Harvard scientists try to dissect the enigma of art
Writing not long after the death of Leonardo da Vinci, art historian and biographer Giorgio Vasari described the late master’s “Mona Lisa,” placing special emphasis on the lady’s uncanny simper. “And in this work of Leonardo’s there was a smile so pleasing, that it was a thing more divine than human to behold; and it was held to be something marvelous, since the reality was not more alive,” he wrote. The sublime expression of “La Joconde” has held sway over its viewers since its creation, a testament to its creator’s artistry, a manifestation of the fantastic in the earthly realm.
Enter Dr. Margaret S. Livingstone, Professor of Neurobiology at Harvard Medical School, whose research focuses on human visual perception. Livingstone realized that while contemporary art historians like Ernst Gombrich are not wrong in their analysis of “Mona Lisa,” there’s a science to da Vinci’s masterpiece that had yet to be fully explained. Analyzing the work in terms of its spatial frequencies, Livingstone revealed that the lower spatial frequencies, best seen by the peripheral vision, make the figure appear to smile, while at higher frequencies the smile almost vanishes. Laying one famous enigma to rest, however, calls up a host of other questions: what more can science uncover by turning its gaze on art—or, conversely, what can art teach the scientists? And just how important is a foundation in one field for an understanding of the other?
BLURRING THE LINES
Livingstone is far from alone in her exploration of the science animating works of art. Many of her colleagues, including some at Harvard, pursue similar interests; they channel their curiosity about human visual perception into an artistic study or use scientific findings to explain some of the fundamental principles that underlie works of art. The Vision Sciences Laboratory, located in William James Hall and run by a group of psychology professors, explores this very chiasm in their experiments—though their approach is slightly different than Livingstone’s.
“You might think that the Vision Lab works on the software more than the hardware,” says Patrick Cavanagh, Professor of Psychology and Co-Director of the lab. Diverging from Livingstone’s approach, which Cavanagh relates to disassembling an Xbox to figure out what’s going on inside, the Vision Sciences Laboratory conducts tests on individual subjects in order to ascertain when and how their powers of perception fall short. By presenting subjects with pictures, actions, and events, the researchers hone in—be it through brain scanning or more simple tests of visual judgments—on perceptual errors, and induce the workings of the brain.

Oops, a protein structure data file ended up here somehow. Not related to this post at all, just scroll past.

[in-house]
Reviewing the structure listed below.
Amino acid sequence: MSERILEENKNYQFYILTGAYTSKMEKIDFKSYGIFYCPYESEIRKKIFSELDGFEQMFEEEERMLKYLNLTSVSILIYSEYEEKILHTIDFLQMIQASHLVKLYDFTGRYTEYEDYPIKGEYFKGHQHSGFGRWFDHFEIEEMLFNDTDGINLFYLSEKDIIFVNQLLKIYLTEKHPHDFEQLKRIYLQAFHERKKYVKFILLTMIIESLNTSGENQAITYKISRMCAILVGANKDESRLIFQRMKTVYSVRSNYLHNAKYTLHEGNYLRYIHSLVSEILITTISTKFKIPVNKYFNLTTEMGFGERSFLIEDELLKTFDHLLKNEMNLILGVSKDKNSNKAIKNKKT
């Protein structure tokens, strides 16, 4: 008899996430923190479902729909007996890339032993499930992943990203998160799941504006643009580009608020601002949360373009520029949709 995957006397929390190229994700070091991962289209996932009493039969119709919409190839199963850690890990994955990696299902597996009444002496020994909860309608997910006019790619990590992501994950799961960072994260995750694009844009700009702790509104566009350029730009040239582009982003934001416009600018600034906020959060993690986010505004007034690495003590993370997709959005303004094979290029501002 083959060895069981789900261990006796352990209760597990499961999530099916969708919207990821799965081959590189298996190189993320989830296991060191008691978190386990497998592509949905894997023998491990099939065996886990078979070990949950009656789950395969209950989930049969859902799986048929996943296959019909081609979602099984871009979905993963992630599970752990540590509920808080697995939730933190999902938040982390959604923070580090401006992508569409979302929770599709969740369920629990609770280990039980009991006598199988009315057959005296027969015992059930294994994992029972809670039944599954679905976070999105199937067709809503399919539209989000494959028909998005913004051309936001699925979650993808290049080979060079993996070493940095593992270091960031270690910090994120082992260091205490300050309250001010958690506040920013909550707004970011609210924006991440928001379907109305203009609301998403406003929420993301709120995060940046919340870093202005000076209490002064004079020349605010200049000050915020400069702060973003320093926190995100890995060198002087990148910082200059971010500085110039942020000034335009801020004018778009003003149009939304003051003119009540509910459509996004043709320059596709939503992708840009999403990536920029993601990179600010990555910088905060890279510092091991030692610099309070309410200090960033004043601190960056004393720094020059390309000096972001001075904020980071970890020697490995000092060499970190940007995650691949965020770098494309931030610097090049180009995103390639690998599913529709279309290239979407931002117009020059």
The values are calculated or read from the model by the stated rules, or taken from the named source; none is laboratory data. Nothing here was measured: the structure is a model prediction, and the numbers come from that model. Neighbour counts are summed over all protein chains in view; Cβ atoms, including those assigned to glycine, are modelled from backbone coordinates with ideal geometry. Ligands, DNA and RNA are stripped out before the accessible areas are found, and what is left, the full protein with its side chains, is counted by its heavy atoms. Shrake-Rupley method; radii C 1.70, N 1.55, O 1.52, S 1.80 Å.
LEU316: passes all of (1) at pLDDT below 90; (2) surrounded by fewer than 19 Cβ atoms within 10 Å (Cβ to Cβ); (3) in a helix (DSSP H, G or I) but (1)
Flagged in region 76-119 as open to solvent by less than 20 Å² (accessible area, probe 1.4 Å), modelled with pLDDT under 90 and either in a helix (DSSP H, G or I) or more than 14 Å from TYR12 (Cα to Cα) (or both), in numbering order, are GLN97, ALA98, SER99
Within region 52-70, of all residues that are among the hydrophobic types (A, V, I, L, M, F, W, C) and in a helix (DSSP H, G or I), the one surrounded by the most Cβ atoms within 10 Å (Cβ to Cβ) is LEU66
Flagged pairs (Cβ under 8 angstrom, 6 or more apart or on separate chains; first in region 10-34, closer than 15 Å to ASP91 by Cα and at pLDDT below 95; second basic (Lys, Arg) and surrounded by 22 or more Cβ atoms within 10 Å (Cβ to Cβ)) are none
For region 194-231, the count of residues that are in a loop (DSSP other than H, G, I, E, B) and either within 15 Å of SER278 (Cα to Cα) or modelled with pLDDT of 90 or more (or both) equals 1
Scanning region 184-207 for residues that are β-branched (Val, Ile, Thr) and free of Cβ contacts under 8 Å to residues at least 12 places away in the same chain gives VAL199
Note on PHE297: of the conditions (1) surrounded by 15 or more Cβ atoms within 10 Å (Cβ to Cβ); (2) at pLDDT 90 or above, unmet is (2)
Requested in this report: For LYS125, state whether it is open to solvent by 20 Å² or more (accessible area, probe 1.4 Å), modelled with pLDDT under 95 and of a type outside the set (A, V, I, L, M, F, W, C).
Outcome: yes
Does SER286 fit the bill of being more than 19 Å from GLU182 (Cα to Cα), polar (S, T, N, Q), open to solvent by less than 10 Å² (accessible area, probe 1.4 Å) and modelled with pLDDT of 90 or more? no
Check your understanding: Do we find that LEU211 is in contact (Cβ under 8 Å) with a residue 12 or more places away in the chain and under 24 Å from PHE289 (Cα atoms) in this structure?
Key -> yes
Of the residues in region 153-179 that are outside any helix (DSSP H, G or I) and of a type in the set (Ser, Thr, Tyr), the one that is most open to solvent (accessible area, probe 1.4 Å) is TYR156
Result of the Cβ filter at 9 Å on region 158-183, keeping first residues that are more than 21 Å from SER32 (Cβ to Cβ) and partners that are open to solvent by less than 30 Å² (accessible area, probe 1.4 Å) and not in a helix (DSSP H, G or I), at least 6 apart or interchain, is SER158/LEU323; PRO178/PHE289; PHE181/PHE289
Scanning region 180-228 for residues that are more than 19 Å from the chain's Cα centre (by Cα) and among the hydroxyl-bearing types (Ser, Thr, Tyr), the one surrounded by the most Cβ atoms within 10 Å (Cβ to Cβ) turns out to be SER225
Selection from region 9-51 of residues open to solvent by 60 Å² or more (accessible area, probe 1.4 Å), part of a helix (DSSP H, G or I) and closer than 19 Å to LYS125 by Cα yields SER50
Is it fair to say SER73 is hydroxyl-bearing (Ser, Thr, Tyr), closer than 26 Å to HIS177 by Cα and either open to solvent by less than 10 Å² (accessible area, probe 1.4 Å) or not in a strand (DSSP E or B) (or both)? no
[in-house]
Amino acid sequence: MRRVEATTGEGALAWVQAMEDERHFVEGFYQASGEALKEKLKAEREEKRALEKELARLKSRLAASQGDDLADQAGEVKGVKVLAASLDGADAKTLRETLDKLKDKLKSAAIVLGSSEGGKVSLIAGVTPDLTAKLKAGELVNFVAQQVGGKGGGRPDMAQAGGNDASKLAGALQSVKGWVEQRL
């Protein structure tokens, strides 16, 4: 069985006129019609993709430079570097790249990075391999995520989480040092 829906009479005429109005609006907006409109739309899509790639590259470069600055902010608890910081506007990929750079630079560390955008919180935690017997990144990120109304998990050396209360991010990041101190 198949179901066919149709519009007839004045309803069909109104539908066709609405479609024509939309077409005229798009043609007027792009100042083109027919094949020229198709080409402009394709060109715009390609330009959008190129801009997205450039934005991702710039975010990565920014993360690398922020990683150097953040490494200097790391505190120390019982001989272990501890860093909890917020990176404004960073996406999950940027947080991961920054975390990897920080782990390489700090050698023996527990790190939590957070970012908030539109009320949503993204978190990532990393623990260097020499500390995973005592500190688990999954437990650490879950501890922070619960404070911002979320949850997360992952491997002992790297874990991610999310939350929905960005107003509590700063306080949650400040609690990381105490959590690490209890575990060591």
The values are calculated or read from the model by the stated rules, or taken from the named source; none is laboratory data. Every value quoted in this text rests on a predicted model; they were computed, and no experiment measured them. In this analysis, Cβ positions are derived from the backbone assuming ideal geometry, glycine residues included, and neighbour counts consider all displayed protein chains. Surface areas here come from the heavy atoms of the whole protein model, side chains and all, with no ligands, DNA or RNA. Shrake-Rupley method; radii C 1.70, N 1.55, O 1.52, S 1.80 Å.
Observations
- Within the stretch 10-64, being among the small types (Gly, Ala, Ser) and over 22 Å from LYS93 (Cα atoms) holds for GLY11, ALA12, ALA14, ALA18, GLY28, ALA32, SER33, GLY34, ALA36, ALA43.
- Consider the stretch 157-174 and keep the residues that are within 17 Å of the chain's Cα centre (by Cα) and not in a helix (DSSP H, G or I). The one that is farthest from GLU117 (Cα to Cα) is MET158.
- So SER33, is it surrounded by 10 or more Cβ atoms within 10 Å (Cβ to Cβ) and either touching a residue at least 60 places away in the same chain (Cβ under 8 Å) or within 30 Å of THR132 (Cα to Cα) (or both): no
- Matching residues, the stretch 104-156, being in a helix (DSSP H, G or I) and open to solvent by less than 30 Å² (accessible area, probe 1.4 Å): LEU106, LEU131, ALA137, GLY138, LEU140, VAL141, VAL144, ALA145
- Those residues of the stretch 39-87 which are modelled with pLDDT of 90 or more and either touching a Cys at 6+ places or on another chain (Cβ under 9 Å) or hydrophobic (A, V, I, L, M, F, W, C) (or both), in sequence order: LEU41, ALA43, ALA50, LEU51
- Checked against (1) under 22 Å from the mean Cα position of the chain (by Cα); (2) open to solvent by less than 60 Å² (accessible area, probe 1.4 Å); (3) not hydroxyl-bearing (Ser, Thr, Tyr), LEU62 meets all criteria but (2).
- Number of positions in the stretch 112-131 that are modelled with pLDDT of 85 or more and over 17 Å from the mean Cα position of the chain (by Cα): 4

Cavanagh’s own research, which takes the same approach, has led him to a number of discoveries about an “alternative physics” operating in representational artworks. Impossible shadows, reflections, and contours number among the artistic flaws surveyed in an article Cavanagh wrote for the science journal “Nature” entitled “Artists as Neuroscientists.” “Artists use this alternative physics because these particular deviations from true physics do not matter to the viewer,” he writes. “The artists can take shortcuts, presenting cues more economically, and arranging surfaces and lights to suit the message of the piece rather than the requirements of the physical world.”
Through a careful survey of many works of art, confirmed by experiments on perception, Cavanagh has discovered that the only requirements for realistic depictions of shadows are that they be transparent and darker than their immediate surroundings. He has shown that reflections, like shadows, are a mystery to the human mind; their representation in art has but a few of the limitations which govern reality. He maintains, in a similar vein as Livingstone, that Impressionist art is so appealing because intentional blurring may connect representations more directly to emotional centers in the brain rather than to conscious image-recognition areas. Cavanagh has even offered an explanation why flat, two-dimensional representations are effective, arguing that we do not experience the visual world as truly three-dimensional.